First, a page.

B.L.U.F. The last article was suppose to include this but turned into taxes aren’t infringements. I’m going to try and stay on topic with the state’s arguments about why certain things are not arms.
Bullets are not arms
This has been debunked so many times it isn’t even worth addressing. The Supreme Court has ruled that ammunition is considered “arms” under the meaning of the Second Amendment. Any ban of ammunition is an infringement and under Bruen triggers “history and tradition”.
Magazines are not arms
The state is arguing that arguments are acrutiements and not arms.
The argument goes that since a firearm can operate with a magazine with limited capacity and does not require a magazine with a greater capacity that this means that “Large Capacity Magazines” are not arms and since LCMs are not arms then all magazines are not arms.
Following their logic to its conclusion you find that the state believes that they can require that all firearms only accept magazines holding one round. So it is ok for you to have a semi-auto rifle but the bolt locks open after each shot and you have to reload by hand.
The state is kind enough to state that firearms that can not operate without a magazine have certain exemptions but fails to discuss how that doesn’t make magazines an integral part of those firearms.
If their argument holds any weight it implies that “firing pins” can be regulated such that only those weapons that have a certain type of firing pin are allowed. None of it makes any real logical sense. All of the arguments are so wrapped up with emotional blackmail it is hard to extract what they are truly arguing for.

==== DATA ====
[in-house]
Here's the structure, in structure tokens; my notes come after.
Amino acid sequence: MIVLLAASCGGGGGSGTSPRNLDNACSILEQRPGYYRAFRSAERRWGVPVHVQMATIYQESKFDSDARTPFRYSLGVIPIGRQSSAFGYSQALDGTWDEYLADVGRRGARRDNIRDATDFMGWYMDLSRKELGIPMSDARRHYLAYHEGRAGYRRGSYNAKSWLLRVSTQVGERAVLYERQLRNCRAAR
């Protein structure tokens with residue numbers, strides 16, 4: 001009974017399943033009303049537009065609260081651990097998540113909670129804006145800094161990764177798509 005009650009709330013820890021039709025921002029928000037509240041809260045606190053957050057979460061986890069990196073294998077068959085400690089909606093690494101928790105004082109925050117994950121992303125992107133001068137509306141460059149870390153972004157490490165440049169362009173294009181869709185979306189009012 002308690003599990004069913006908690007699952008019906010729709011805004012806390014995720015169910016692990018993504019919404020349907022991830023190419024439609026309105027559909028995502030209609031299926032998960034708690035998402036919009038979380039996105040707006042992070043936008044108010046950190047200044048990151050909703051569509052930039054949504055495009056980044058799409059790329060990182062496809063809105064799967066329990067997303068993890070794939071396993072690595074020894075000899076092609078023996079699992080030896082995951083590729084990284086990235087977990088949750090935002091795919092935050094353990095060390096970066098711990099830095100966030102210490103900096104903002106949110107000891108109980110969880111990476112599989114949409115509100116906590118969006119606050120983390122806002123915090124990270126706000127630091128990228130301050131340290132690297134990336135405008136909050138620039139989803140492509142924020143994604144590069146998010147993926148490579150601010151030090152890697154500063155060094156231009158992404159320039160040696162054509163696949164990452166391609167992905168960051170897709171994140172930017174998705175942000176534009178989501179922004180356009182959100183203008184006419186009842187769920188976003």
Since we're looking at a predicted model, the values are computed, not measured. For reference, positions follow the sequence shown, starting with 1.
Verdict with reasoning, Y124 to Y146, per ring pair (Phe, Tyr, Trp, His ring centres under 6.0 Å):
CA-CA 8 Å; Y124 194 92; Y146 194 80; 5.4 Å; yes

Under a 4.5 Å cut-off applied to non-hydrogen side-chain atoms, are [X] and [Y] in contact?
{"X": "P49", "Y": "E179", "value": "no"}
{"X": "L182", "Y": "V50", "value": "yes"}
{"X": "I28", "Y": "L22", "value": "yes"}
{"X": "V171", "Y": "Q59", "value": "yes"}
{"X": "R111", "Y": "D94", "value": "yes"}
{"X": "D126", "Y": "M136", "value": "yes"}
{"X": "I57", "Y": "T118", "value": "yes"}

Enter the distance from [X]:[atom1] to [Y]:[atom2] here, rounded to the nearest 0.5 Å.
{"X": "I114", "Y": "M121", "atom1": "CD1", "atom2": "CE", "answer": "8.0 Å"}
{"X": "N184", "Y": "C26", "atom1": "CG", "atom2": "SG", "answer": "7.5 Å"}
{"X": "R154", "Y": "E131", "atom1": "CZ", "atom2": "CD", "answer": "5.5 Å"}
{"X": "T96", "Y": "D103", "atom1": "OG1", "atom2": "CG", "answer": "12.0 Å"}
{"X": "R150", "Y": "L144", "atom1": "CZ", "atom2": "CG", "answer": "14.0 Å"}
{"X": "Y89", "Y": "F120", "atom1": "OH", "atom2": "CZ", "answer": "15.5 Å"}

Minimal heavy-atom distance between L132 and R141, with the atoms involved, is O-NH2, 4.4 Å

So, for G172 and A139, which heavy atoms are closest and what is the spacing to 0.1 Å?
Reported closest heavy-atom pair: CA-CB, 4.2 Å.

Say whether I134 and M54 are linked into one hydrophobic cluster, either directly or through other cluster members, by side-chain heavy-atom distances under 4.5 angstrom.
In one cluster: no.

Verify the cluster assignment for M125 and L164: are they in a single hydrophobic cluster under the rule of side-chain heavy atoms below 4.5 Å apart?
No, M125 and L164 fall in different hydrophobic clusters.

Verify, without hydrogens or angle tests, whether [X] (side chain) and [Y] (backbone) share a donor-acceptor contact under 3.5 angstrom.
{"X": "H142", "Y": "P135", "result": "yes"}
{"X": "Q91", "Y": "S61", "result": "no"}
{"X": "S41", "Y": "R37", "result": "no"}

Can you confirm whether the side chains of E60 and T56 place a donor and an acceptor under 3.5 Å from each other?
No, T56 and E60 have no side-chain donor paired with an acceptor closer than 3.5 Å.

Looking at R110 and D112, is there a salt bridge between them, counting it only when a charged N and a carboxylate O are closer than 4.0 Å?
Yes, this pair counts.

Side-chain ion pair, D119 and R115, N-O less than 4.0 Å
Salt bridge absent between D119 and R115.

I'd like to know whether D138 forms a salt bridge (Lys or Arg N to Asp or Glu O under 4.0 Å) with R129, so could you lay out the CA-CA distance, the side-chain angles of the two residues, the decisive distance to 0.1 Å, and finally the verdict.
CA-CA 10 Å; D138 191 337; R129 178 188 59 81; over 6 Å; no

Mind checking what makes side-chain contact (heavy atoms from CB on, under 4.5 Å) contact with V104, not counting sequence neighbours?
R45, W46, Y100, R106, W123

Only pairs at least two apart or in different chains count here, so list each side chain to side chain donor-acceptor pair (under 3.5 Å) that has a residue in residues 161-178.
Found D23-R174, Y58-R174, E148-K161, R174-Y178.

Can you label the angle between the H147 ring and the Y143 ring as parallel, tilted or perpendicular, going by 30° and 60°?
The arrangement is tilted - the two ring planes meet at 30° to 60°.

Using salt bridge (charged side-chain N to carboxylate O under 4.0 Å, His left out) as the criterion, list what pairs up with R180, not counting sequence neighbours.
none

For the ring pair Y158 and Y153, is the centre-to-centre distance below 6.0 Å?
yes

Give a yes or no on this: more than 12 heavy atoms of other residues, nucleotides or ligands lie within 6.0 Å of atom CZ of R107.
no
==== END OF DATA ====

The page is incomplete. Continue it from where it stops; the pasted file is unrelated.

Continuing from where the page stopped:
Firearm furniture is not arms
According to the state, the stocks and grips you put on a firearm are not protected as “arms” and therefore they can ban them. This is how you end up with “featureless” rifles in California.
Somewhere I have a AK-47 stock. It is ugly wood. It was purchased when the federal AWB was in place. The rifle that it came on did not have a pistol grip. It has this ugly thing, a thumbhole stock.
This made it legal in Maryland at the time.
As I was picking up this rifle my FFL asked if I could take out a box of trash for him. In that box was an AK-47 pistol grip, stock and all the other furniture that would allow me to make that AK-47 look like an AK-47. Including a couple of 30 round magazines that he wasn’t allowed to sell.
I disposed of that “trash” for him.
The point of all of this is that the state recognizes that their ban by combination of features is just trivial changes. That there will be work arounds for most of what they come up with. They were upset the first time around.
They banned the “bullet button”. Somebody made a gizmo that allows you to reload your “fixed” magazine from the ejection port from stripper like clips. Somebody else came up with something where you can just crack your AR-15 apart and the magazine falls out. They provide a rear takedown pin with a ring pull so it is really fast to do.
All of this because the state has been able to ban furniture by claiming it isn’t protected under the Second Amendment as “arms”
No cases have been finalized yet in regards to the state’s argument post Bruen
The gist is that the state is willing to argue that the only thing that is a protected “arm” under the Second Amendment is a frame or receiver. That anything else attached to that skeleton is just not an arm and they can ban it.
The case we are watching regarding this is Duncan v. Bonta